(taken from The Communist Manifesto)
Implementations of communism
(or communism in practice)
The ideal of communism is a self-governing “enlightened proletariat”, collectively owning and using the means of production. However, in practice, communism was based on an economic model of an enormously centralized command-and-control system under the charge of a totalitarian, paramilitary political party. Salaries of workers were mainly equal; communists were opposed to salary differentials. Communism was driven out of existence, as the more competitive and dynamic ideology of free market capitalism proved superior.
Relationship between communism and Meritocracy
Meritocracy can be considered a dialectical synthesis, with free market capitalism as the thesis and communism as the antithesis. Meritocrats, however, do not consider property to be intrinsically bad, only excessive property. In the same way, they do not consider capitalism to be intrinsically bad, only uncontrolled free market capitalism. Tenets 3 and 5 are common to both communism and Meritocracy. Tenet 2 is unnecessary, provided salaries reflect merit. That implies a limit to the ratio between the largest salary and smallest salary. With regard to tenet 8, there is no need to force people to work, provided they are self-actualized, i.e., doing jobs and exploring talents that already reflect their personal development. Both communism and Meritocracy are projects of positive liberty.
In communism all means of production are to be collectively owned, yet it is rather vague as to how specifically they are to be managed. A popular motto of communists is “From each according to his ability, to each according to his need.” However, the only feasible way to accomplish something like this, while also optimizing everyone’s “ability”, is to implement Meritocracy. Returning to tenet 1, we reiterate that property itself is not the problem, rather excessive concentration of property and wealth in the hands of a few individuals to the detriment of the many. 100% Inheritance Tax combined with Meritocratic means of distribution must solve the problem. The tax changes the attributes of property, so that, by stretching definitions, we can indeed say that all property belongs to the state, or, more specifically, is subject to the general will. Tenet 10 also has a very important corresponding principle: a varied, psychologically structured and optimized education is key to a Meritocratic state.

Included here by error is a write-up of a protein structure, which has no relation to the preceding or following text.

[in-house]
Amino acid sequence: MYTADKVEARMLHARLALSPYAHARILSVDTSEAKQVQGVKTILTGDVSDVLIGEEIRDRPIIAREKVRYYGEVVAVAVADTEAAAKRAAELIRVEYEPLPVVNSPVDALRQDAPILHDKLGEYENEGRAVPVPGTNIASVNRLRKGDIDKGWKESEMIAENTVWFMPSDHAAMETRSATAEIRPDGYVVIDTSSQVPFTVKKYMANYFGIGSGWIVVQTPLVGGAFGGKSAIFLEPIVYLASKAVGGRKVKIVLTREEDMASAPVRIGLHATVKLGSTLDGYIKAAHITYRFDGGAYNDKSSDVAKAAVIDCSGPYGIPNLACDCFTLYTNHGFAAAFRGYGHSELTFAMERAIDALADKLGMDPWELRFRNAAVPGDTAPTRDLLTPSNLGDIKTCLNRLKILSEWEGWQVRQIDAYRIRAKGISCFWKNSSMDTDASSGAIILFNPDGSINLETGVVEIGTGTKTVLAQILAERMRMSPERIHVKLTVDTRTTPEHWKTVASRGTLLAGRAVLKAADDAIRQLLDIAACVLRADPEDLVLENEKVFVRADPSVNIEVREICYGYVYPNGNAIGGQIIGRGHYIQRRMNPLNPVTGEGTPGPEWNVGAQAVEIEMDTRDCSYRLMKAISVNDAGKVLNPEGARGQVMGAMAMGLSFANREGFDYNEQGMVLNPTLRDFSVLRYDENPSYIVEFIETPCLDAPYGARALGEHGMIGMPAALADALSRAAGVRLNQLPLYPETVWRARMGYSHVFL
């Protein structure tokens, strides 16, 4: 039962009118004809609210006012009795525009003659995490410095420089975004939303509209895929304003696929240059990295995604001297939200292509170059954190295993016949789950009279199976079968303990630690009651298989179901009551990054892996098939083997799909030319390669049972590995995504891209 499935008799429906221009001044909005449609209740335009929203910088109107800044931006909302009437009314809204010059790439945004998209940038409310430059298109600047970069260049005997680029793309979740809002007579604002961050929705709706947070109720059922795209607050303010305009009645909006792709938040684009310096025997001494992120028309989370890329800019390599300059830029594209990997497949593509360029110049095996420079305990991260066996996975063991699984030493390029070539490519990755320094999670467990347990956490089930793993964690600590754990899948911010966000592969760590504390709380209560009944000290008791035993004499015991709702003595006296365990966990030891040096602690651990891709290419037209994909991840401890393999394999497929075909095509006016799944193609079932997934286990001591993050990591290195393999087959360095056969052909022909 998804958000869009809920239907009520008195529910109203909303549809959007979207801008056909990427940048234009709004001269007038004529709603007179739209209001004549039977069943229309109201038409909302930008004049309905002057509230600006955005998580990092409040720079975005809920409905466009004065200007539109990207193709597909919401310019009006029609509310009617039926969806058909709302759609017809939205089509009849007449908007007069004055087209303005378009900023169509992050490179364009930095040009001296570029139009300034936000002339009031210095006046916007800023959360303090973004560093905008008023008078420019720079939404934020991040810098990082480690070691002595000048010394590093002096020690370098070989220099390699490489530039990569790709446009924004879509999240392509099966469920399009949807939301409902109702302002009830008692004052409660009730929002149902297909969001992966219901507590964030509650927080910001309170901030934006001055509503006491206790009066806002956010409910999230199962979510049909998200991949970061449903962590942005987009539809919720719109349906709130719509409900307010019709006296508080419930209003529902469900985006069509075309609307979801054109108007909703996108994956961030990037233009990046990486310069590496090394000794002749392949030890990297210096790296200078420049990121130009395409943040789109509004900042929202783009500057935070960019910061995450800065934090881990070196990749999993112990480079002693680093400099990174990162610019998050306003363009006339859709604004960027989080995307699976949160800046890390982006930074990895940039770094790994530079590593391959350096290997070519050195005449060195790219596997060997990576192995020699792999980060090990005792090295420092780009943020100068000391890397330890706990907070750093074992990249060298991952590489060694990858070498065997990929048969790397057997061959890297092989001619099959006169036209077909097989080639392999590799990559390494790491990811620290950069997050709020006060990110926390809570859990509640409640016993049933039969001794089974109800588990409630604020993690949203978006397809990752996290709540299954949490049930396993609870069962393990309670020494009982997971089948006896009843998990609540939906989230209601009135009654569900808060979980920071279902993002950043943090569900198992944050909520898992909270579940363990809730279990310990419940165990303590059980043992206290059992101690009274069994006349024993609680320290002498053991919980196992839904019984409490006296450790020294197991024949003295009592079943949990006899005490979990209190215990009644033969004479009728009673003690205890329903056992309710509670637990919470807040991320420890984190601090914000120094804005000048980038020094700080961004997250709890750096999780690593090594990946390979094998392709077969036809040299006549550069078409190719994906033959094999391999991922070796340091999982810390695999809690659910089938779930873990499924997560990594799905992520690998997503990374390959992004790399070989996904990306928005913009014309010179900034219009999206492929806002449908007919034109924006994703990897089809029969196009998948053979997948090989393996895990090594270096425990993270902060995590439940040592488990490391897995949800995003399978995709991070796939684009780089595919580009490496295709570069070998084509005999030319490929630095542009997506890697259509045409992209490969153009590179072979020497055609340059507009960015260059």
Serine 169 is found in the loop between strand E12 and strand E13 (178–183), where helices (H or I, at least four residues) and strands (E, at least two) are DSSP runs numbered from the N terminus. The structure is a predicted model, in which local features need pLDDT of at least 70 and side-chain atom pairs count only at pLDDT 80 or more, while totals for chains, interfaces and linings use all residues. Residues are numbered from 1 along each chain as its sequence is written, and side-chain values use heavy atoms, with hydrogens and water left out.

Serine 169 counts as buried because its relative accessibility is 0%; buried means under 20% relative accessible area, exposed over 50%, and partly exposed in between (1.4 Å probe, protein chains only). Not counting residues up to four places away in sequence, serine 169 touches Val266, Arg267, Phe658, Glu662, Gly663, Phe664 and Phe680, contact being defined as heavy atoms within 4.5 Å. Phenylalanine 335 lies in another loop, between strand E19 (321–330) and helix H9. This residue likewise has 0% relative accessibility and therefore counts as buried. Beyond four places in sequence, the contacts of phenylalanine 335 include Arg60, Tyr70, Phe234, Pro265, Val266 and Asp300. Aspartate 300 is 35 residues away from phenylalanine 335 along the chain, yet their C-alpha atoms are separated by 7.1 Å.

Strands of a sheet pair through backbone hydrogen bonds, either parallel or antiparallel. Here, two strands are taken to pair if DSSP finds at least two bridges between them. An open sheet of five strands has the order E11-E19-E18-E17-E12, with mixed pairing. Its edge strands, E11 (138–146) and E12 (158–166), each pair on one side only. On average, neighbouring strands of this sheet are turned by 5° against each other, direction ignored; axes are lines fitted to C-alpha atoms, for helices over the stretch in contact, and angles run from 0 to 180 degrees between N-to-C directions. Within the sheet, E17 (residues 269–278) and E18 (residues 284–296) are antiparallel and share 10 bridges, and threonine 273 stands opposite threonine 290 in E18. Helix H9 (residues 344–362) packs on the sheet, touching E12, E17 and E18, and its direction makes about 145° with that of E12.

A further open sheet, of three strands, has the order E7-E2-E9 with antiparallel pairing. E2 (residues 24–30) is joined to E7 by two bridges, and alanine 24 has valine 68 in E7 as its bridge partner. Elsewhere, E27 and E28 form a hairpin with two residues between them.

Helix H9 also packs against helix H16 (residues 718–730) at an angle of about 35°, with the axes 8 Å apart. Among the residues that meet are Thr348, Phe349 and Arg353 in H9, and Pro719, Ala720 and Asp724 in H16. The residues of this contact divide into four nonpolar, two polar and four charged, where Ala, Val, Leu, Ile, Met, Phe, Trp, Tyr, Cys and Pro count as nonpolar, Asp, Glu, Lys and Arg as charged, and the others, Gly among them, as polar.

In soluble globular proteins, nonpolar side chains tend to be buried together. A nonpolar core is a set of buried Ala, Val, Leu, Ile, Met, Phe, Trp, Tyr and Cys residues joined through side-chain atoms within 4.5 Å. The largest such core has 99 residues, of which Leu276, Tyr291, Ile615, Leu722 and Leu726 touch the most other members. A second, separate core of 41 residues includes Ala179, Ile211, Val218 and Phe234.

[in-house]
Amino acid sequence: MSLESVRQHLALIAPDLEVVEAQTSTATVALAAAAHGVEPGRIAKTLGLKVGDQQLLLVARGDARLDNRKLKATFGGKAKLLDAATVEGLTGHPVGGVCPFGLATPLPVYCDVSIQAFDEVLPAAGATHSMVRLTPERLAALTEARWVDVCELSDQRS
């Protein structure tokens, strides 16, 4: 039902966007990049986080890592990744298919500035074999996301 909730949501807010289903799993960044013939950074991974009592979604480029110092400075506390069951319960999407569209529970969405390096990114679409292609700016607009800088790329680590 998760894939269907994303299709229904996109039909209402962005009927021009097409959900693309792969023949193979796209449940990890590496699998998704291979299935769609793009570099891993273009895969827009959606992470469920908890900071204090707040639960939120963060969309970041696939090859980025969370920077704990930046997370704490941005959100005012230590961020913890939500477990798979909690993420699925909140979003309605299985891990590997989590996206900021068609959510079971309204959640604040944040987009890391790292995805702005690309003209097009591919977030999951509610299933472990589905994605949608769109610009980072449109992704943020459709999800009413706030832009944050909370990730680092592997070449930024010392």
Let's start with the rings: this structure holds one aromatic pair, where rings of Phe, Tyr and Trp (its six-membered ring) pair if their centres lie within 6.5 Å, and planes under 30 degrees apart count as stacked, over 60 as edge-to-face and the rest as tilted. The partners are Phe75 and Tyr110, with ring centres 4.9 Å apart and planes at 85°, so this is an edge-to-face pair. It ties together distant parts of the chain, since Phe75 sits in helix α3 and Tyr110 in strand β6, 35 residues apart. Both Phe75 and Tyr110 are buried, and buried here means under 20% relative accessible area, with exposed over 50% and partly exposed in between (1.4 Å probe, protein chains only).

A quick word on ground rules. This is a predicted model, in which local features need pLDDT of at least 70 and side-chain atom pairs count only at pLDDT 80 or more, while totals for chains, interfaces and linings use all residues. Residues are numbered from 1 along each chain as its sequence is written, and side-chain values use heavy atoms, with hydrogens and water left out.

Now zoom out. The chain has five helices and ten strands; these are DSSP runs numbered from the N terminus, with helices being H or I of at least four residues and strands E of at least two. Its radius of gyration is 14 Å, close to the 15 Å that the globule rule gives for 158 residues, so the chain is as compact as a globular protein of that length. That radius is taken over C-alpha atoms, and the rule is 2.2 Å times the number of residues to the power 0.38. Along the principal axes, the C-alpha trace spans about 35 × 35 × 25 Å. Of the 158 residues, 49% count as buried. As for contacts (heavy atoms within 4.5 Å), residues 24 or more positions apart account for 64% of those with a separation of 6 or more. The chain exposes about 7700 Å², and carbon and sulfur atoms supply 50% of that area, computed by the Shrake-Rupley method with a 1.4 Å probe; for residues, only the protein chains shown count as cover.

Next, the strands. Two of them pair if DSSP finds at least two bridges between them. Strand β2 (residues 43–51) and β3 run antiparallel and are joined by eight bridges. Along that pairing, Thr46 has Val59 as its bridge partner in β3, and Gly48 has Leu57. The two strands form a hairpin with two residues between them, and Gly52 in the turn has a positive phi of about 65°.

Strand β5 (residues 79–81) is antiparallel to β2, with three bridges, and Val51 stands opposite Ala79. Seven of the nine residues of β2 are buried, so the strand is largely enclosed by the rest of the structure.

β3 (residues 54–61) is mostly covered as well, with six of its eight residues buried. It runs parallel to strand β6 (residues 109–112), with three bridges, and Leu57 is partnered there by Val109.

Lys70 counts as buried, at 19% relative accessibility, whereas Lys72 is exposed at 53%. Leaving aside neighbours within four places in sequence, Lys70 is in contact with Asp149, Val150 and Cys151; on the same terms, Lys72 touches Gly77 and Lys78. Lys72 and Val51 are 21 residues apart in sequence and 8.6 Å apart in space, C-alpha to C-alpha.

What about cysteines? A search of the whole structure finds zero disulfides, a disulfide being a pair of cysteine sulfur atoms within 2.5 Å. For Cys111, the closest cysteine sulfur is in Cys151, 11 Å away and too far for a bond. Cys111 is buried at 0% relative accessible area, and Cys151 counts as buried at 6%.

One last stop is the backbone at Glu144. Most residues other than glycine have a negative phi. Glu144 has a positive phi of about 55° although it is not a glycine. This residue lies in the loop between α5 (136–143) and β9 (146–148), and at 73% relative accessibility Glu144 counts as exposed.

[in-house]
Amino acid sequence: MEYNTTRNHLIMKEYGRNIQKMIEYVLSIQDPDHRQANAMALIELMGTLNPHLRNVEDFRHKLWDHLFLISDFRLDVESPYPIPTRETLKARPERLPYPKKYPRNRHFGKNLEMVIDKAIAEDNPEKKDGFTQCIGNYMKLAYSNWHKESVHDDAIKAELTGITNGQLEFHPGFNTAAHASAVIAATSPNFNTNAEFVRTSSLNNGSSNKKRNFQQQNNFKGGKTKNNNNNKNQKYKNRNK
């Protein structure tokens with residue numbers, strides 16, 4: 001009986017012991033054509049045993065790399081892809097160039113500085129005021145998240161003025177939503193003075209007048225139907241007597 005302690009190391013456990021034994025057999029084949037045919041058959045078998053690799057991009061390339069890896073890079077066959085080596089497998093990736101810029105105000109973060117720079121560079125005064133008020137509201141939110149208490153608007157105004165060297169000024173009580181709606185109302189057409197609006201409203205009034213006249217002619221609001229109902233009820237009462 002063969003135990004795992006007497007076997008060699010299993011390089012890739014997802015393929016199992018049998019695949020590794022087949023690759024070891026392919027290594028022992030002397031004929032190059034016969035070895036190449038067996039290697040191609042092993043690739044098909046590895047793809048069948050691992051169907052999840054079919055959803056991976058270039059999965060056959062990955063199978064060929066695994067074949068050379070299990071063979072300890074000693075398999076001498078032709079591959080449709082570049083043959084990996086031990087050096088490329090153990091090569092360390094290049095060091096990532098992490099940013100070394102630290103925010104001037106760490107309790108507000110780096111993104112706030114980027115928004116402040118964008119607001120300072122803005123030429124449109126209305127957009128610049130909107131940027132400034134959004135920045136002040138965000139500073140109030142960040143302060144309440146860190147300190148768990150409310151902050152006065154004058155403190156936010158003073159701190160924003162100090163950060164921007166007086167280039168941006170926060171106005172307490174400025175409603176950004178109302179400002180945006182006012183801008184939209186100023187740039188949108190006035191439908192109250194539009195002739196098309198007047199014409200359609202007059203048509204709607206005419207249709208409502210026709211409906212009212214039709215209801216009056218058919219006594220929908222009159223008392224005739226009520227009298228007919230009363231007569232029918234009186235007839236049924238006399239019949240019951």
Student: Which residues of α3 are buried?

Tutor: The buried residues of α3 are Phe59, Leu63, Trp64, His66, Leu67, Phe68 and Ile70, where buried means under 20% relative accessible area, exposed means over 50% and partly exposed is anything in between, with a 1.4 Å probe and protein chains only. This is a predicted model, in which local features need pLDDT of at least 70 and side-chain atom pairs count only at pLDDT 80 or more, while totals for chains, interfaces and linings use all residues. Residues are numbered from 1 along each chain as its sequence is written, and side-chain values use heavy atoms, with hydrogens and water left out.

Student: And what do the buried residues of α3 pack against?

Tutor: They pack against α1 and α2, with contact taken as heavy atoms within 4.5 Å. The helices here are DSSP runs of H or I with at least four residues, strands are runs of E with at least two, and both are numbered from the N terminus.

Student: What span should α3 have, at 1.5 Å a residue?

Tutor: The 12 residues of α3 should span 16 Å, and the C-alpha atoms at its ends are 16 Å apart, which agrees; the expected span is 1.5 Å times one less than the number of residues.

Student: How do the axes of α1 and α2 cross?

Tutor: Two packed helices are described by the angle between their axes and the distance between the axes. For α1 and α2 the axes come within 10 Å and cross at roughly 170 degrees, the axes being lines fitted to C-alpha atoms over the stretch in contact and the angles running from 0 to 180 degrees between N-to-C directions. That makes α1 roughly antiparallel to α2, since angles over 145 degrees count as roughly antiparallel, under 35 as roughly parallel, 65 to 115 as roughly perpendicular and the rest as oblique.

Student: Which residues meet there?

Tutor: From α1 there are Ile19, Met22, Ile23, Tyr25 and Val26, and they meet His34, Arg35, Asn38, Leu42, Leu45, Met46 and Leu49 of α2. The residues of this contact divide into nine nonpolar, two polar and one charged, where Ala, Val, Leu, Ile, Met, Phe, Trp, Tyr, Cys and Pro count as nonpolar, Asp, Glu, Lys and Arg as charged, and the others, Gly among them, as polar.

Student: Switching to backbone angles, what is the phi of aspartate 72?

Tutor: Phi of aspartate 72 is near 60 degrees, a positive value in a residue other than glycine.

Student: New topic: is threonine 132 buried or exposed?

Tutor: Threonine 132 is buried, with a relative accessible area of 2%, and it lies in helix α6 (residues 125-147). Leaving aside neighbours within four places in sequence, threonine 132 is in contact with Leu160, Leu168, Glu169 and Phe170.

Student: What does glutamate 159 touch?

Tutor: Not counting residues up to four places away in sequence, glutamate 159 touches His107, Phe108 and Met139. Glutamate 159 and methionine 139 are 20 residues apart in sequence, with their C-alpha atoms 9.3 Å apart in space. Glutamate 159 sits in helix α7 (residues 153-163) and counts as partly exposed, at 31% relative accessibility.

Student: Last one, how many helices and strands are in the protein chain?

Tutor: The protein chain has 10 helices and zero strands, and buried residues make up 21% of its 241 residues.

Communists speak of the abolition of the family. “Do you charge us with wanting to stop the exploitation of children by their parents? To this crime we plead guilty.” With respect to the quote we actually agree on many key points. While the family itself is not intrinsically evil, statistically it’s the cause of many of society’s ills. The Meritocratic state must protect the children if a family fails, and provide alternative models (e.g., Fourier’s Phalanstère).
The economic system of Meritocracy is social capitalism. In social capitalism, the most Meritocratic individuals set economic policy according to the needs of “positive liberty”, the doctrine of actively seeking to improve the quality of humanity. All economic activities that seek to degrade, exploit and sedate “the masses” are outlawed. Free markets are fine, to the extent that they support Meritocratic objectives. They are never fine if their purpose is to make disproportionate wealth for greedy capitalists who have no interest in the Commonwealth.
Communists often refer to the idea of equality, and use it to deter any form of capitalism. However, there are two different kinds of equality:
Equality of outcome: Often seen in communism. All workers get the same pay, regardless of the quality of work. Lack of incentive inevitably leads to decline in overall performance and innovation, and often leads to exploitation of the system from the inside in an attempt to gain personal advantages.
Equality of opportunity: All citizens start with the same set of opportunities, and their work, talent and abilities determine their position and ultimately their pay. Highest rewards go to the highest achievers. The most Meritocratic companies have the best performance.
While Meritocrats are supporters and promoters of the latter kind of equality, they stand fully opposed to the former. Meritocracy has, like communism, an understanding of man’s social nature and need to collaborate and form relationships of equality, often overlooked in an increasingly hierarchic world, but also sees the advantages of competition. While the economic macrostructure of social capitalism is socialistic, the microstructure is inevitably capitalistic. Note, however, that it is a “tame” capitalism.
A final word needs to be said about class struggle. Classes differentiate by acquiring significant differences in material conditions and access to means of production. 100% Inheritance Tax gets rid of that. Furthermore, they perpetuate themselves through nepotism, cronyism and discrimination. That explicitly goes against the first three principles of Meritocracy. In a world of equal opportunity, whatever can constitute a class is itself so fluid as to make the very concept of class struggle inconsistent. Thus the dialectic ends.